We teach you how to tell the perfect story in your consulting interviews!
Management consultants use an effective tool to bring their messages across: storys. Storytelling is one of the key skills that every strategy consultant at McKinsey, BCG, and Bain needs to master to increase the effectiveness of their work. Consultants use stories to pack their analyses and recommendations into a powerful message and drive change.
That is why the ability to sell stories well is assessed in personal fit consulting interviews. For that matter, we have developed the SCORE framework based on our on-the-job experience as well as discussions and coaching with 100s of applicants.
The SCORE framework enables you to best prepare and present compelling top-down stories to your audience. The focus of this article is on the delivery of the story (how to say). The content (what to say) is equally valuable and is covered in a separate article here.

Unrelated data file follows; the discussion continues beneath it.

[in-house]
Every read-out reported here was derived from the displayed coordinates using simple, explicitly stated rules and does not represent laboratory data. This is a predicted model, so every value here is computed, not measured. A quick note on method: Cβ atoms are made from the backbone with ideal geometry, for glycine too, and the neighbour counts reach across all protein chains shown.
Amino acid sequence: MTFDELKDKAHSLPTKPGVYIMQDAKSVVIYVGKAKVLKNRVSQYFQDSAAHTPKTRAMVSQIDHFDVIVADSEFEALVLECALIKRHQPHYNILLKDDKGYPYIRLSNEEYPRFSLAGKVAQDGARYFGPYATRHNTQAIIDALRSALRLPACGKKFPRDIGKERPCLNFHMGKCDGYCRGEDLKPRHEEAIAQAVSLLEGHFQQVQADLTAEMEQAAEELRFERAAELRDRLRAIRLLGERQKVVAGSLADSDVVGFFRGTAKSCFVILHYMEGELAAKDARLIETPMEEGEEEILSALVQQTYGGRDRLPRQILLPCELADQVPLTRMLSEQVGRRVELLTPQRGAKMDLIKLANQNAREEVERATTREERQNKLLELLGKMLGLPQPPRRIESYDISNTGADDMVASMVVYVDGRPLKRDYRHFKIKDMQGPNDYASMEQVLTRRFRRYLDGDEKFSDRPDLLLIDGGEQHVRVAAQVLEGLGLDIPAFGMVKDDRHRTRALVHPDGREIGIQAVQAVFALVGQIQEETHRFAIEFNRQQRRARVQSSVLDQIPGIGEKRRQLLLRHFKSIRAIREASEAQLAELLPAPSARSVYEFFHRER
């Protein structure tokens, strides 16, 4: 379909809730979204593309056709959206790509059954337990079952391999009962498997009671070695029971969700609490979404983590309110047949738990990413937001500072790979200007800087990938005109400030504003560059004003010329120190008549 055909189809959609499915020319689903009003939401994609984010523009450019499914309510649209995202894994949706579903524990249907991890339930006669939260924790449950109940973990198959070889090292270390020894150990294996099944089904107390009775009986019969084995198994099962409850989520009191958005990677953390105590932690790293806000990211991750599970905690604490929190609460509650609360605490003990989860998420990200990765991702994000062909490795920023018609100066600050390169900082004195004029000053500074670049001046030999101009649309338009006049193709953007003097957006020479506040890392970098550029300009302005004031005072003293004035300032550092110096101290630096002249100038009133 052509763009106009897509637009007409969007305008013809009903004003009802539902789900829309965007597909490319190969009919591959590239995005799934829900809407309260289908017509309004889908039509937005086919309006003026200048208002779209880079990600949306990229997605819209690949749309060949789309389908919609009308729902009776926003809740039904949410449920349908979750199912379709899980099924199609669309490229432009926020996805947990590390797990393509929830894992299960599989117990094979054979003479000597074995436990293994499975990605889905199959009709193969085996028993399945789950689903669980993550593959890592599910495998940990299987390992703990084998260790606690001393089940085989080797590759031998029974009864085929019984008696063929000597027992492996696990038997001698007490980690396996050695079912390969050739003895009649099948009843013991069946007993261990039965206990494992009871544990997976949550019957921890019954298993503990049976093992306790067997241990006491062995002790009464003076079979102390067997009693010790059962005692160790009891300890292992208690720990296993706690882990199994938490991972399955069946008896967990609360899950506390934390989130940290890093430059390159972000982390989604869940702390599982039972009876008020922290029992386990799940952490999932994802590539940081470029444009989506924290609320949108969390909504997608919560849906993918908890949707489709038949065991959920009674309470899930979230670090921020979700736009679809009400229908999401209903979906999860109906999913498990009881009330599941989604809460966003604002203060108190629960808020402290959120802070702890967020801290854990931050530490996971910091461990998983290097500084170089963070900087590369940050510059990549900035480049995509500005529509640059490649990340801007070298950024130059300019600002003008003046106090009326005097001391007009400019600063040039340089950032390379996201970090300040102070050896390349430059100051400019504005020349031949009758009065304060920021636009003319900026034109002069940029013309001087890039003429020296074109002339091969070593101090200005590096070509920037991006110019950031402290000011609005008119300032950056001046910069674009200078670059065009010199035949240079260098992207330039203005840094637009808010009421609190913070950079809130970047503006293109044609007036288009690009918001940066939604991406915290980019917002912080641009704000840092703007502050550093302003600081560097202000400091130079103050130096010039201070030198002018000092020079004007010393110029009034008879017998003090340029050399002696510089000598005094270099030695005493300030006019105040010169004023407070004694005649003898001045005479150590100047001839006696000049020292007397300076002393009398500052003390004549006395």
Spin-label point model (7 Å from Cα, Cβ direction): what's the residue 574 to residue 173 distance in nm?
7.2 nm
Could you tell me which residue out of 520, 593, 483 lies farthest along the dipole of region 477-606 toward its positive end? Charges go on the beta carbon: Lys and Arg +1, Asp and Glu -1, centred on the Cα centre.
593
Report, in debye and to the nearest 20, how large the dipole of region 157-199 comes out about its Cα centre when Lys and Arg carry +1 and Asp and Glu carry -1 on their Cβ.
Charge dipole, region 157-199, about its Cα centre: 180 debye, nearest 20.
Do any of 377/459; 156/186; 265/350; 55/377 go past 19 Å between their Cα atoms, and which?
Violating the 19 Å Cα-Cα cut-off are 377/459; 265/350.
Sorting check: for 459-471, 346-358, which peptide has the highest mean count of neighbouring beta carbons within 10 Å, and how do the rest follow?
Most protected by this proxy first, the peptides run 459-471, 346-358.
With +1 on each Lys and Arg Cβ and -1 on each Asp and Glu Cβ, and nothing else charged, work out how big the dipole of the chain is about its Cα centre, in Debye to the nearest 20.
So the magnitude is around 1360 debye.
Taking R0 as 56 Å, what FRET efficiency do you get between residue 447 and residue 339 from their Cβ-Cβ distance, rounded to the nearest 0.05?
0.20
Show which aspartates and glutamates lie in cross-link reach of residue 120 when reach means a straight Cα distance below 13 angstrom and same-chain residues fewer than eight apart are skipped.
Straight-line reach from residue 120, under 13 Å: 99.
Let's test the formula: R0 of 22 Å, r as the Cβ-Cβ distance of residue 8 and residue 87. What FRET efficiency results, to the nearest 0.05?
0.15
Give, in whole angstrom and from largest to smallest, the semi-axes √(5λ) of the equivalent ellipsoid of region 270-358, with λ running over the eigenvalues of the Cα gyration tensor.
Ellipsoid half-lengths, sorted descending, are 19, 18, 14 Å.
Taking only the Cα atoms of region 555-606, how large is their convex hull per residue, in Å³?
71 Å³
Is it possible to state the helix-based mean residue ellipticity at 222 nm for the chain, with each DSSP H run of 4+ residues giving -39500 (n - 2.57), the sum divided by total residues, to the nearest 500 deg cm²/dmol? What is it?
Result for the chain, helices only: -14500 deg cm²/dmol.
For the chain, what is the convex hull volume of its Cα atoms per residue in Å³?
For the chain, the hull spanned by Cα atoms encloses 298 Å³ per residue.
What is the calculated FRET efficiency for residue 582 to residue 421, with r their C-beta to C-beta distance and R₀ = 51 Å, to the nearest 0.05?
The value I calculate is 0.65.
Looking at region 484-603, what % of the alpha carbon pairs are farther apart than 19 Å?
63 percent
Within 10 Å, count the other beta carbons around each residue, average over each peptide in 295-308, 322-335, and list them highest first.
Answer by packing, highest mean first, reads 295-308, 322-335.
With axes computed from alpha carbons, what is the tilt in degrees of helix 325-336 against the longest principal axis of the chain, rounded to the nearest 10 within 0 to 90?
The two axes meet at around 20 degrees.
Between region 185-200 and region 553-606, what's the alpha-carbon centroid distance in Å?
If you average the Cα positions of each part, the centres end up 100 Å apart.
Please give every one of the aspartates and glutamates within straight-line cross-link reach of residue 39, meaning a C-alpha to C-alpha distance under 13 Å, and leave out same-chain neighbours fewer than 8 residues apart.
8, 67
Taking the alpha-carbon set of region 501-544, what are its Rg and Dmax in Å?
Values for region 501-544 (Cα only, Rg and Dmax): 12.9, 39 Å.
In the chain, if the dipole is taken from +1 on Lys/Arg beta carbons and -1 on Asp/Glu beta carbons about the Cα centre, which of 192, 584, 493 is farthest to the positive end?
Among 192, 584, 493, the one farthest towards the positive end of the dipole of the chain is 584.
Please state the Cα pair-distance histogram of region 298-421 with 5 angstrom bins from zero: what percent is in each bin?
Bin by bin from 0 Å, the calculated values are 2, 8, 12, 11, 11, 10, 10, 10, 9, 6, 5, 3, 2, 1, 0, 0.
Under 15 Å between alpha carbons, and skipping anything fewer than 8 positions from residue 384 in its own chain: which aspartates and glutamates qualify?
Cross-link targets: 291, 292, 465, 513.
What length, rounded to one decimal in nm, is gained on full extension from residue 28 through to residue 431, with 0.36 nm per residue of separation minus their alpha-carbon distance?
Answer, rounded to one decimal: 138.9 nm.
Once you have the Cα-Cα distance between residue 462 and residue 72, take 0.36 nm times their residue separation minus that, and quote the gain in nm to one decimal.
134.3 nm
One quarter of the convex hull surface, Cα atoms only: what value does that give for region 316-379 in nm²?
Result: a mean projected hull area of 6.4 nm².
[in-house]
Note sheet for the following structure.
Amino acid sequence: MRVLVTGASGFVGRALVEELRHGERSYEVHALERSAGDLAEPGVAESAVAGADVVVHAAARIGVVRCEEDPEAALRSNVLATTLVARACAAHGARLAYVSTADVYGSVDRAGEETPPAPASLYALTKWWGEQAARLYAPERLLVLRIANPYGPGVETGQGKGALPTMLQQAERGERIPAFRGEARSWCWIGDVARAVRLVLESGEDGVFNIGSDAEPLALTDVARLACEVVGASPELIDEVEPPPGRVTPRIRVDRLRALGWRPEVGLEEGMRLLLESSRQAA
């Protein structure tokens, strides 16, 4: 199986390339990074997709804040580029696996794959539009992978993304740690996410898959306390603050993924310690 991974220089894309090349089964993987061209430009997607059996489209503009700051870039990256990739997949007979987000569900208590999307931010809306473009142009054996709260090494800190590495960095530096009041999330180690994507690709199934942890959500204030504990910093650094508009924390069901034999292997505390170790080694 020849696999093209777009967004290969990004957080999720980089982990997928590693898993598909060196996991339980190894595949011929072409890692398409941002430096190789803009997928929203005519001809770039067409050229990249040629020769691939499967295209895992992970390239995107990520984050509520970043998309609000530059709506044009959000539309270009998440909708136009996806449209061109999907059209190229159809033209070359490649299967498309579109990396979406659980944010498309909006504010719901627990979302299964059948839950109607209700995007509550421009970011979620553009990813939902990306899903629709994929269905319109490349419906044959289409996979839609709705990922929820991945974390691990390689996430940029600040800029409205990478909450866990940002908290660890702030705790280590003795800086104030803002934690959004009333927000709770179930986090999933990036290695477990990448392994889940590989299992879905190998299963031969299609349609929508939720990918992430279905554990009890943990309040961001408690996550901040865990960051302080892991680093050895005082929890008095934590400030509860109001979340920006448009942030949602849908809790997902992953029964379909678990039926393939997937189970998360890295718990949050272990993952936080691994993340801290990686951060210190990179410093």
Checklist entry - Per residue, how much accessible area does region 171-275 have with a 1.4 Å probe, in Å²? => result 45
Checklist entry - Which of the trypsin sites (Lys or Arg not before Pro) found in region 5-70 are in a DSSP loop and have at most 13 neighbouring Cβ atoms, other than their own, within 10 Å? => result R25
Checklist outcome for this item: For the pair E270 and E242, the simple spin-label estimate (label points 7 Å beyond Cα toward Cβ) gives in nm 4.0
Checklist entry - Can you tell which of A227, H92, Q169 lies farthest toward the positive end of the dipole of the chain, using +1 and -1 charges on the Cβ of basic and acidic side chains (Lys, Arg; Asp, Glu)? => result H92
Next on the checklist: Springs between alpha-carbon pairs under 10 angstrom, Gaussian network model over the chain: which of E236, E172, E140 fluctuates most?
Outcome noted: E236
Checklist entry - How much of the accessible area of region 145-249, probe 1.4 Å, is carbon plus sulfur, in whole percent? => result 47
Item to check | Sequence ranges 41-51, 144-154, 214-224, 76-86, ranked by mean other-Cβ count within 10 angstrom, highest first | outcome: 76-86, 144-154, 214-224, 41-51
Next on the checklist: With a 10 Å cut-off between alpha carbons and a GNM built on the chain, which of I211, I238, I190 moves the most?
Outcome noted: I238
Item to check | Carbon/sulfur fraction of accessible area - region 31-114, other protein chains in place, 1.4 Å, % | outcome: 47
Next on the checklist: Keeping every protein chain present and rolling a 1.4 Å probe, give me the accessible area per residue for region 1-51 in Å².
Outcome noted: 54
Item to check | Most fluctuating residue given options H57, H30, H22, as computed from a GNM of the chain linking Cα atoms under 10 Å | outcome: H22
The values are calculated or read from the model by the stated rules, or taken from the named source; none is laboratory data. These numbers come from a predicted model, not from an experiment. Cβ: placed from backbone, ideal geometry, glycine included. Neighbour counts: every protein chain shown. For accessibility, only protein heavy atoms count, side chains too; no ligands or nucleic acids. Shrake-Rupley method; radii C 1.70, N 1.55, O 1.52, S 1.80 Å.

Top-down communication to set-up the story
Whenever you tell a story, start by summarizing it in three key sentences. Every sentence should add value. Refrain from empty words or sentences.
Give each story a poignant headline to create a memorable anchor. Then convey the key message in three sentences:
- Situation – what was the situation like?
- Complication – what issues did you face?
- Resolution – how did you overcome them?
This short introduction provides background and sets the tone and stage for deeper discussions. You work both for yourself and the listener or interviewer. You break down the story into individual parts and the listener can ask targeted questions. Depending on the questions, you can highlight certain parts of the story or of your heroic acts 😉
Dive into your story using the SCORE framework
If the interviewer is fine with your short summary and wants to hear more, use the SCORE framework to tell your story.
The SCORE framework is especially useful when you want to prepare and think deeply about all aspects of a situation. It provides an anchor for a natural flow of explanation and thought during an interview.